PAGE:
A Community Rises from the Rubble


What can a person learn about communityfrom moving a pile of rocks?

In early July, I went to Two Rivers, Alaska as a part of a short-term mission team from the Midwest. Our team of 37 worked in cooperation with the local congregation to renovate a Nazarene church.

During the first week of the project, I started to move a pile of rubble. Brenda joined me then Rachel and Jane. The four of us piled the chunks of rock and cement into two wheelbarrows and removed them from the yard, dumping them into a pile in the parking lot.

At first, I worked alone. Then I worked as if alone. Finally I worked as a part of a team.

Let’s look at how the lesson unfolds.

Someone has to take the initiative. In this case, I saw the pile of rubble and asked about moving it. I knew it would be in the way later when our work team moved forward on putting in a new handicap ramp for the church.

In the start of any new community, someone needs to take the first step in order for the group to become a reality. The initiator offers the idea or the place or the project (or perhaps all of the above) that gets things off the ground.

An invitation needs to go out for others to join. In this case, the invitation started with Brenda. She asked, “Could you use some help?”

 

I said, “Yes,” and pointed her in the direction of another wheelbarrow.

While we worked, Rachel and Jane joined us. During the small project, the opportunity to work with us remained open. At some point, the work site would have been saturated but, in our case, it never got to that point.

The point of building community is to invite others into a shared faith relationship, an intentional focus on growing in Jesus Christ. At some point, the size of the group will dictate the need to initiate a new group all over again, but the desire to be open and inviting remains constant.

Assessment of the work and change must take place. As I stated earlier, I worked alone. Then I worked as if alone. Finally I worked as a part of a team.

Once the project began and people joined in, we evolved into a shared partnership and the work progressed rapidly.

We started poorly but improved with time. We learned together where best to put the wheelbarrows for loading and how to use four bodies and two wheelbarrows in sync.

An important note. We didn’t wait to figure out the best way to do things before we started. We learned them as we worked together. If we had waited, we would have started later and learned less.

As a faith community moves forward, it may seem a bit awkward at first. For certain it will have its share of problems, but in finding solutions, people’s skills will emerge within the community experience and sharpen with time.

I’m curious. What are the possibilities of building Christian community you could either initiate or participate in? What are some obstacles you face as you grow with other believers?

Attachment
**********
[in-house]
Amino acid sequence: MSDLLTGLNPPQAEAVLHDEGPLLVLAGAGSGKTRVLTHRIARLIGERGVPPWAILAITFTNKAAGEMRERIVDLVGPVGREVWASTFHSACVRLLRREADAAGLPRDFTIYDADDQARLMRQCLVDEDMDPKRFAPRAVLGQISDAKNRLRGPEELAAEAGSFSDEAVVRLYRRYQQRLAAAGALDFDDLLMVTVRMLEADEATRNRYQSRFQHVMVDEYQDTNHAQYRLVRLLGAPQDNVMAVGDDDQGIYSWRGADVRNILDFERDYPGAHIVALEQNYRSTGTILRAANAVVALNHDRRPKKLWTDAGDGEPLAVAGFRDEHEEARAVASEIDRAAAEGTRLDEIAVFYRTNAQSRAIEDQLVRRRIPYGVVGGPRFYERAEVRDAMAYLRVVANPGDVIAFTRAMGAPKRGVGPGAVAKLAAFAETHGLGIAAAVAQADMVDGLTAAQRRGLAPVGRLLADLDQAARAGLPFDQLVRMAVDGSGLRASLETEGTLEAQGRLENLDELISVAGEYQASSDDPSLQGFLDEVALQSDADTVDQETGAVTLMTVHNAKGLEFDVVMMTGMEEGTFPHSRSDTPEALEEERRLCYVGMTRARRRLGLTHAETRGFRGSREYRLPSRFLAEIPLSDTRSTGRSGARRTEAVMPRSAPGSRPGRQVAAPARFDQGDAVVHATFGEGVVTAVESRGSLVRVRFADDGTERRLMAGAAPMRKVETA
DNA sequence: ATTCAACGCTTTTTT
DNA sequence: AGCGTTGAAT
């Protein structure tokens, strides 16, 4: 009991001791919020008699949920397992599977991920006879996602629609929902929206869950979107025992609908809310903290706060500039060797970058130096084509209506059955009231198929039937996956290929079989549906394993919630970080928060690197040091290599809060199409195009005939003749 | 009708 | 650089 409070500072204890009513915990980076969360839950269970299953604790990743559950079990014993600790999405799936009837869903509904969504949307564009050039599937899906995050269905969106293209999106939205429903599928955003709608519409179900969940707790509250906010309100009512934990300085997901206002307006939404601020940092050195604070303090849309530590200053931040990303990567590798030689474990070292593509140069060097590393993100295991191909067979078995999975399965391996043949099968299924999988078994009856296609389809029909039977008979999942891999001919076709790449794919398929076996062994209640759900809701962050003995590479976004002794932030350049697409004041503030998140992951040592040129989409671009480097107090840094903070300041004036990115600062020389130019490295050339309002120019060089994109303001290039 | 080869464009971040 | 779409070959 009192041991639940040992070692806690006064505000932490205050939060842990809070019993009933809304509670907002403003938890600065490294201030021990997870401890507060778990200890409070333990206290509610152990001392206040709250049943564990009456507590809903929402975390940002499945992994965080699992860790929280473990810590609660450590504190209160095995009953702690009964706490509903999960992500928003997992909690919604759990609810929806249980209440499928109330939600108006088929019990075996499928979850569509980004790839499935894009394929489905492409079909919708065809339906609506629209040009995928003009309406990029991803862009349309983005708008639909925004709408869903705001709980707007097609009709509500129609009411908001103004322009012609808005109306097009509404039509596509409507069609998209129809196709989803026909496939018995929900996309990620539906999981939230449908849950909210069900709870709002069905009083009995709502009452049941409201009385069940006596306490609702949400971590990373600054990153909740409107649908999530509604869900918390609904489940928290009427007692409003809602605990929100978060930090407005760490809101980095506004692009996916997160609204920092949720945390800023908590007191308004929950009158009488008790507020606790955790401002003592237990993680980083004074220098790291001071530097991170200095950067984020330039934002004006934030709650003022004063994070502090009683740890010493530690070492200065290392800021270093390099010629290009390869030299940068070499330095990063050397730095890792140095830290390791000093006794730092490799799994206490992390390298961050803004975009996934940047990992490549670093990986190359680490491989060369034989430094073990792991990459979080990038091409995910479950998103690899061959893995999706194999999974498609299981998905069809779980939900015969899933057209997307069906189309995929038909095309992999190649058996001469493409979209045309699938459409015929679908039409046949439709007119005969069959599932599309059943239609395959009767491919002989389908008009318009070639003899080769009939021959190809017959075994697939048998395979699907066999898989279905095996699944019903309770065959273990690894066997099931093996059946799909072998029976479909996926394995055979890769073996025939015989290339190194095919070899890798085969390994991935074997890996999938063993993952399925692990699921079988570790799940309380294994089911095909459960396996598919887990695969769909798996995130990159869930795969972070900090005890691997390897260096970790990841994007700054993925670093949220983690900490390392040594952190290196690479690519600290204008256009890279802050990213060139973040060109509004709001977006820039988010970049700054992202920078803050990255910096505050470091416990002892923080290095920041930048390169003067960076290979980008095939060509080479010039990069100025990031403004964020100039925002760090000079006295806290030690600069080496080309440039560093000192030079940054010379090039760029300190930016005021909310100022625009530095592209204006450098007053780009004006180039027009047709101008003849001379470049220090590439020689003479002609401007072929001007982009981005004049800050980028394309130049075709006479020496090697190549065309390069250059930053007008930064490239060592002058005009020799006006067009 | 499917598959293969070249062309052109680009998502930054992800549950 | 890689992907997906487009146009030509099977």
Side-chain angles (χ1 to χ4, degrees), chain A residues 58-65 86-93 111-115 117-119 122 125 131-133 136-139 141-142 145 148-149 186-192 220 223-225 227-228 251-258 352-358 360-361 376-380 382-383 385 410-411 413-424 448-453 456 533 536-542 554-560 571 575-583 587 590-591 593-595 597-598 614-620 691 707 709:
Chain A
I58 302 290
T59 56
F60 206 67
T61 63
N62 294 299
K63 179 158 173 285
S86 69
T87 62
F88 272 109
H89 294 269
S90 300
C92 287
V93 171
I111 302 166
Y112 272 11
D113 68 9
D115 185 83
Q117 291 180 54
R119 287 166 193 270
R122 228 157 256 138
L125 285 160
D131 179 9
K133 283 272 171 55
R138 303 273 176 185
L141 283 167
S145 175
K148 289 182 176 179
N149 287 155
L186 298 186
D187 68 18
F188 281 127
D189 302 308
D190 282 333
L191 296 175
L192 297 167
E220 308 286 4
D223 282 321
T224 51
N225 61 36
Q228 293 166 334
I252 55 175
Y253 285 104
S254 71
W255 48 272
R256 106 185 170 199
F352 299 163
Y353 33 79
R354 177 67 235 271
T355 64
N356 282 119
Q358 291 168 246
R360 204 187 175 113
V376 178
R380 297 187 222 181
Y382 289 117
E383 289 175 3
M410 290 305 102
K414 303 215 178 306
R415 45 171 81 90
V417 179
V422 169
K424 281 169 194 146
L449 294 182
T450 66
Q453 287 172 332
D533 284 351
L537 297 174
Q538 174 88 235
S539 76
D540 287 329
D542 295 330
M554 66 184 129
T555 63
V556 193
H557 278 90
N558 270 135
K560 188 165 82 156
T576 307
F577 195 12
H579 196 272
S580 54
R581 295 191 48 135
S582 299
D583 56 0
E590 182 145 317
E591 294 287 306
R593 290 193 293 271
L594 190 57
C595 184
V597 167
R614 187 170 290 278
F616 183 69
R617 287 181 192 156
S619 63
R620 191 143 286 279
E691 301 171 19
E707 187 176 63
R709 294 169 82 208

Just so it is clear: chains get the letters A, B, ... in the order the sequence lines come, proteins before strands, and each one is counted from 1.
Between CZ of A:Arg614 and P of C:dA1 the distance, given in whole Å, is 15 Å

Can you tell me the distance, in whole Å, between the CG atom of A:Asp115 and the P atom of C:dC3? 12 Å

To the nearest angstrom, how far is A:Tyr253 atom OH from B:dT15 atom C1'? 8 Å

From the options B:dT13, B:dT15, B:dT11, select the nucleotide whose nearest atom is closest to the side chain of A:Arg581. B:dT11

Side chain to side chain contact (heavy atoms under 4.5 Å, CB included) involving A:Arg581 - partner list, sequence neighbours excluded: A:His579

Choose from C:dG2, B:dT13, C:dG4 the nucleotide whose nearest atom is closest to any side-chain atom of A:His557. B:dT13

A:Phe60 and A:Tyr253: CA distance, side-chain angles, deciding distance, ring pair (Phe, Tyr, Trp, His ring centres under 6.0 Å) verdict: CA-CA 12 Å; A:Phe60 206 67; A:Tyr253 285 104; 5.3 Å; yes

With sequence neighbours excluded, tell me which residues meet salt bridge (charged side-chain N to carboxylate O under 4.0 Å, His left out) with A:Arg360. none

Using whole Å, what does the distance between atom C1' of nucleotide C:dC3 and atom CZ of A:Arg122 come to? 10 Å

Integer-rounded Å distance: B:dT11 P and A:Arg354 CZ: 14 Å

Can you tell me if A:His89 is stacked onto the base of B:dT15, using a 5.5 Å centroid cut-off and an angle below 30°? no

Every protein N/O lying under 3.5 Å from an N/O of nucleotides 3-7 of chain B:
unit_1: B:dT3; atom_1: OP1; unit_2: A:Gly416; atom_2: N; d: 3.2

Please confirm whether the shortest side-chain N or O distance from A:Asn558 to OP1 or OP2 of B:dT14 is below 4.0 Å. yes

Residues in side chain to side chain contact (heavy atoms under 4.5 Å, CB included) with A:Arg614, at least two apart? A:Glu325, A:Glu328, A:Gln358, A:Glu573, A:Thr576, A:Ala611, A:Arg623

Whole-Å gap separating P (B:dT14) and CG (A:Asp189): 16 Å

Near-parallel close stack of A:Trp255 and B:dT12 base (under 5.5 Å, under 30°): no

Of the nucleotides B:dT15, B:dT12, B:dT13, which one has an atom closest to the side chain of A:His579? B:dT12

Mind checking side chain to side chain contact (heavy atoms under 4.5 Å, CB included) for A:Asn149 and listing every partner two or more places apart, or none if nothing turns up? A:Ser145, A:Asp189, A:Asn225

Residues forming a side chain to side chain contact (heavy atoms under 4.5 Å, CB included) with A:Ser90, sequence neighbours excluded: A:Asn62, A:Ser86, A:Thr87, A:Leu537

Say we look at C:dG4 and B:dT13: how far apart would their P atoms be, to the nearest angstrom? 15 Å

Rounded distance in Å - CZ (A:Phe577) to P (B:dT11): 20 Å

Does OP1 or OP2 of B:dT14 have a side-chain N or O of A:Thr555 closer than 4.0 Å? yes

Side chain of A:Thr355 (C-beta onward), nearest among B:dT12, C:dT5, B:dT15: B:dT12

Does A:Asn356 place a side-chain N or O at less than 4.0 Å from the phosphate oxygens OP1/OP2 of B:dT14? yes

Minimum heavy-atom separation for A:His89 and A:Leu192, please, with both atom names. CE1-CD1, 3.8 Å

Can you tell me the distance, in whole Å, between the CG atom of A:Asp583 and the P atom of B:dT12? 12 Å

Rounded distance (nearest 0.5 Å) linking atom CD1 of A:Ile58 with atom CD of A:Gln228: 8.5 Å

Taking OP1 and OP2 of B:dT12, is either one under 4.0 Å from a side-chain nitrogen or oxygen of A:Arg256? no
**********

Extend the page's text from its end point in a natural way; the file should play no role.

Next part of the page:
In the context of community, Julie Anders shares dirty words here and here at Come Have a Peace.

Jon Stolpe shares how “Community Can Change the World” at Jon Stolpe Stretched.

 

Dark Eyes, Deep Eyes

Two men. Two eternal destinies.

One common hope.

My novel can be found at:

WestBow Press

Amazon.com

Barnes & Noble

If you enjoyed today’s post, consider subscribing. Each new post will come directly to your email inbox.

About tnealtarver

I've traveled and spoken around the world but always love to come home. There I eat exceptional meals, drink coffee to my heart's content, and get loved like nowhere else on earth. I believe a community centered in Christ should be all that and so much more.
This entry was posted in Uncategorized and tagged , , , , , , . Bookmark the permalink.

4 Responses to A Community Rises from the Rubble

  1. Jon Stolpe says:

    Thanks for the mention today. It’s cool to see how working in community can move mountains!

    • tnealtarver says:

      As I commented on your blog, you’ve written about a topic I consider a top priority, community centered in Jesus Christ. Glad to exchange thoughts on our blogs.

  2. Thank you for the mention! It sounds like God nurtured some quality community on your short term trip, and I can only imagine how that model impacted any who saw, as well.

    • tnealtarver says:

      I appreciate your recent “dirty words” posts. The last two especially made me think about the reality that Christian community is far from perfect but Jesus loved/loves the church anyway.

Leave a Reply

Fill in your details below or click an icon to log in:

WordPress.com Logo

You are commenting using your WordPress.com account. Log Out / Change )

Twitter picture

You are commenting using your Twitter account. Log Out / Change )

Facebook photo

You are commenting using your Facebook account. Log Out / Change )

Google+ photo

You are commenting using your Google+ account. Log Out / Change )

Connecting to %s